5. Health checks: Several pieces of OpenShift have health checks that can be queried to check system health. The most important ones are the master API, etcd, routers, and ElasticSearch.
  6. Diagnostics: The oc command line tool includes a diagnostic function that can be executed with oc adm diagnostics, and can be run per node to check node health and configuration. The tool spits out a fair bit of false positives, so filtering is necessary.

Monitoring Goals

Given those tools, what is it we want to achieve as a service provider in our monitoring solution? I believe there are three main questions we want to answer:

  1. Is the platform currently operational? Is there any reason a currently deployed application would fail because of the platform instead of an internal error or an incorrect deployment?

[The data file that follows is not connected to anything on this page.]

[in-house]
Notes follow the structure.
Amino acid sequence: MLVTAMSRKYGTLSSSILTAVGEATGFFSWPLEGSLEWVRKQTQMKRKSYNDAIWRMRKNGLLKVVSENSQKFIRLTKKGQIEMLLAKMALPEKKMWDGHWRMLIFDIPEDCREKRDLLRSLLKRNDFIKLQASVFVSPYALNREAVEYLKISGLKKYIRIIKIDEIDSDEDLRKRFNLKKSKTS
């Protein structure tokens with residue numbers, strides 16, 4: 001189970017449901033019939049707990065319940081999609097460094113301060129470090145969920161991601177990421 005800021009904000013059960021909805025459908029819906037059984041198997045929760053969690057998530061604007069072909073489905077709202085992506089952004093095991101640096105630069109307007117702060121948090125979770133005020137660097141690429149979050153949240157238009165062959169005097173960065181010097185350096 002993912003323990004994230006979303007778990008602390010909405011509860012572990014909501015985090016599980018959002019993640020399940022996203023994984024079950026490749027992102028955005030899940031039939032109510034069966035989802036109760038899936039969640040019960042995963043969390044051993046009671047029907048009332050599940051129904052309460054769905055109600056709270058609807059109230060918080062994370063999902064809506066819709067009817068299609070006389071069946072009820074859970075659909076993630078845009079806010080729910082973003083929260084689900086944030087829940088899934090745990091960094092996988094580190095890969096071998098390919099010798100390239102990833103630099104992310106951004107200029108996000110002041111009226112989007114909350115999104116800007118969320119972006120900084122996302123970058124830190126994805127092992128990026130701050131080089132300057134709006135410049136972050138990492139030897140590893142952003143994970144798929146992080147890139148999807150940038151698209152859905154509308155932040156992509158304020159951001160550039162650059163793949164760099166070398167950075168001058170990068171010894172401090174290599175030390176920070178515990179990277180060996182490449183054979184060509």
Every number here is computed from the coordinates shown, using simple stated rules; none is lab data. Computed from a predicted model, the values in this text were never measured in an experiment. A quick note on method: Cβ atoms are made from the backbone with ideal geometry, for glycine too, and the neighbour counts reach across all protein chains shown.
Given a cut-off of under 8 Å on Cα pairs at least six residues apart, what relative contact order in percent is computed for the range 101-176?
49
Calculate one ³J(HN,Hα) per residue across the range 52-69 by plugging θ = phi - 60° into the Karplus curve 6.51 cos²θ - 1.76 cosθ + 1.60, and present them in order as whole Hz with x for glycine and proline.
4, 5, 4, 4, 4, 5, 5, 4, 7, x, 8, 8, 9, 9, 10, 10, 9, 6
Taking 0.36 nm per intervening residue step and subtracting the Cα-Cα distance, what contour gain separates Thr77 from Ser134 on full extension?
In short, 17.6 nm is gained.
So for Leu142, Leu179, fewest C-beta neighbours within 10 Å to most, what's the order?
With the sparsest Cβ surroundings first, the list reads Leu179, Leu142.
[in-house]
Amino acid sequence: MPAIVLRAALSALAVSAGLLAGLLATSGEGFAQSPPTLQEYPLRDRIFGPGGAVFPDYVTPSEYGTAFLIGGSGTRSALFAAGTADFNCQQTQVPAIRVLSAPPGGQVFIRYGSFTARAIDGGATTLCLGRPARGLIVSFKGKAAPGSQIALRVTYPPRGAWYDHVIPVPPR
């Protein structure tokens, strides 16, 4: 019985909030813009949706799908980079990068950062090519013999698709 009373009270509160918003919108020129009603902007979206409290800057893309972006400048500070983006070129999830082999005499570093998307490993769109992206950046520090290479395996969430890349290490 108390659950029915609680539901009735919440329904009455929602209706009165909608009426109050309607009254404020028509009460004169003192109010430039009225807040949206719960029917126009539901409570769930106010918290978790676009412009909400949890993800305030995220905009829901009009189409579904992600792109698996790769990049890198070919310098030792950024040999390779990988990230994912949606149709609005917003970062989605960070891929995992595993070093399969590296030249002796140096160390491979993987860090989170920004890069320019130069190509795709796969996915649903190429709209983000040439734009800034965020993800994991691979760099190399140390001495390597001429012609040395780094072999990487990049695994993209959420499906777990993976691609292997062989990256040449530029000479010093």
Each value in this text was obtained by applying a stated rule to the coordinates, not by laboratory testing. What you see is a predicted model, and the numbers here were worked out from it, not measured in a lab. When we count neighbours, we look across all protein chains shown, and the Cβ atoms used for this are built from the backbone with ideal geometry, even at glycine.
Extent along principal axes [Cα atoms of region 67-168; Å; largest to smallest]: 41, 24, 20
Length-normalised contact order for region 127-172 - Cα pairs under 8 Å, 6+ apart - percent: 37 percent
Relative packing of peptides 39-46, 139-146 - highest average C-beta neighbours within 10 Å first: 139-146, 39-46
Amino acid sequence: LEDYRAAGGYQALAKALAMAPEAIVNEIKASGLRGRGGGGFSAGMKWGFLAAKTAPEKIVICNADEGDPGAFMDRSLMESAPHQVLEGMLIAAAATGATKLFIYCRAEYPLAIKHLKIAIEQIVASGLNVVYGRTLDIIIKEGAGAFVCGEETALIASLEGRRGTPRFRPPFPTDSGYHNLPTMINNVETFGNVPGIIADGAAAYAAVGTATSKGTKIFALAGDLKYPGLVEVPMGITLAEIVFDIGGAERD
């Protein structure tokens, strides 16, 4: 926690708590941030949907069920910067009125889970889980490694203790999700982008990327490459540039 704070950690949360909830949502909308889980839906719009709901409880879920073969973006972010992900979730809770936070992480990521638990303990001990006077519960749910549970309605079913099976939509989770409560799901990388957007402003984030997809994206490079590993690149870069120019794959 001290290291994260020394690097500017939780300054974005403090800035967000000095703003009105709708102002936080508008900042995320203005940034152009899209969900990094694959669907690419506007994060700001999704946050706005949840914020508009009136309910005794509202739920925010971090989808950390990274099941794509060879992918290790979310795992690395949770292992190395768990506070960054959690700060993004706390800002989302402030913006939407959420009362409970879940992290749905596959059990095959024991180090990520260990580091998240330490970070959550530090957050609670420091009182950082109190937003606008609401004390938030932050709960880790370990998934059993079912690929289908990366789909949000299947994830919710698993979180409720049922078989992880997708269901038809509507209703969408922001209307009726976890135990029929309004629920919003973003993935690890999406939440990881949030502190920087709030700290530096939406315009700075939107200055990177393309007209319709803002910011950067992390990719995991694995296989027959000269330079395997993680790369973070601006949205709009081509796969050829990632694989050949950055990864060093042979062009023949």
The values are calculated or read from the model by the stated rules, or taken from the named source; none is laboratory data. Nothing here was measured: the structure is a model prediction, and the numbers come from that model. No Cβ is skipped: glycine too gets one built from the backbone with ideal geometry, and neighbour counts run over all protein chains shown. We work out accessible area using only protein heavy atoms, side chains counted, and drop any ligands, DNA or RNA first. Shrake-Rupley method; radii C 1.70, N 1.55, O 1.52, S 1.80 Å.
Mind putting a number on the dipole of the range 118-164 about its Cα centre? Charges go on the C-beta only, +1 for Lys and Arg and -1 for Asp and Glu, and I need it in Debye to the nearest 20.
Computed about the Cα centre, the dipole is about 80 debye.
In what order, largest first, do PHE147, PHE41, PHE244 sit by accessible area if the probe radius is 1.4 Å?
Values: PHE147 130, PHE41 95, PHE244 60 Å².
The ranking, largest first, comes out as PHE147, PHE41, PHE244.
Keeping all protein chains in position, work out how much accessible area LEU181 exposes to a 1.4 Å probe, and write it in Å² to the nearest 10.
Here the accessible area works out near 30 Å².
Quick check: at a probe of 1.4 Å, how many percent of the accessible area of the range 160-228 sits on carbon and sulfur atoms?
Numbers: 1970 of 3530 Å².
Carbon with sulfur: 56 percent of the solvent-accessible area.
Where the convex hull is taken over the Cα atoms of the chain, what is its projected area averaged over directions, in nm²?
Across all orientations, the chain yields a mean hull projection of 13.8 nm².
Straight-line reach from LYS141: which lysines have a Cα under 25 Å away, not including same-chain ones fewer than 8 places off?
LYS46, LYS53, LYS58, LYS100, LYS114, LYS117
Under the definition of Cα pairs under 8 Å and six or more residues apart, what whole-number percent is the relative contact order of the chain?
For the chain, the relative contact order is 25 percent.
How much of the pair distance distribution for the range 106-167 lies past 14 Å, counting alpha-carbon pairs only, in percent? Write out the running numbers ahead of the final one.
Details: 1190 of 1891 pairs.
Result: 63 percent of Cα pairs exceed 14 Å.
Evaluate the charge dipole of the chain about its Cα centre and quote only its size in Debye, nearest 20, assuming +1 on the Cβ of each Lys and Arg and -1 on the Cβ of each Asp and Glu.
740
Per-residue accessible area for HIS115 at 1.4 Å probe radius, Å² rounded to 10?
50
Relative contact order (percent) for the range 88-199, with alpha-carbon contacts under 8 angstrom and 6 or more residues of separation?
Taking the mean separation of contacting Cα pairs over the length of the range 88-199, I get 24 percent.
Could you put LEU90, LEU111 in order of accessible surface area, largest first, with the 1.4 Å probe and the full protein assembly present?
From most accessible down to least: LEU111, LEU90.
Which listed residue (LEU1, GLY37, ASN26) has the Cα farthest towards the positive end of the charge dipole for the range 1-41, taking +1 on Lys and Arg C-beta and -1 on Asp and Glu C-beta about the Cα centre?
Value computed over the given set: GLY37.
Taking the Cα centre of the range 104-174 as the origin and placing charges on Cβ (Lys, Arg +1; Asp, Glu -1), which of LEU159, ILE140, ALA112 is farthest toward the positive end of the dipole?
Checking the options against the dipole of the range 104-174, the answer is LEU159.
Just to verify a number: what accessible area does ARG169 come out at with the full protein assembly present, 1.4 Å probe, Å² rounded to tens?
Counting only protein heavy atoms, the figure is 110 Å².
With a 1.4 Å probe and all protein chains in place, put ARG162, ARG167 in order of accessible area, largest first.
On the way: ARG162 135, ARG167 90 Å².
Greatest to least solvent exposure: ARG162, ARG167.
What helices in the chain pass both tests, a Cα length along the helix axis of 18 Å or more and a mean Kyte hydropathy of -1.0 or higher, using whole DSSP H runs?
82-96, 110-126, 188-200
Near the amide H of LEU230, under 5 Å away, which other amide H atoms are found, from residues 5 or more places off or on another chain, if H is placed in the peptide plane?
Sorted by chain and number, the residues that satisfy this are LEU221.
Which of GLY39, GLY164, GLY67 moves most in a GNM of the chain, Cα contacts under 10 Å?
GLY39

2. Is the platform in danger of not being operational in the near future? These would be conditions that do not affect the current operations of OpenShift but do leave it in a vulnerable state if additional failures happen.
  3. Does the platform have capacity for current and forecasted demand?

Is the platform currently operational? (or Oh My… Fix It!)

Checking if the platform is currently up and running is relatively straightforward. If any of these checks fails, there is an actionable situation that requires immediate attention. For this we can mainly rely on our healthchecks:

  • Are the masters healthy?

    Masters have a /healthz endpoint which will respond with a 200 status code of the master is healthy. The body says “OK”, as if the 200 status code hadn’t accomplished that already! Assuming this is an HA setup, use your load balanced public URL to ensure the public API is accessible (ie something like https://master.paas.example.com:8443/healthz).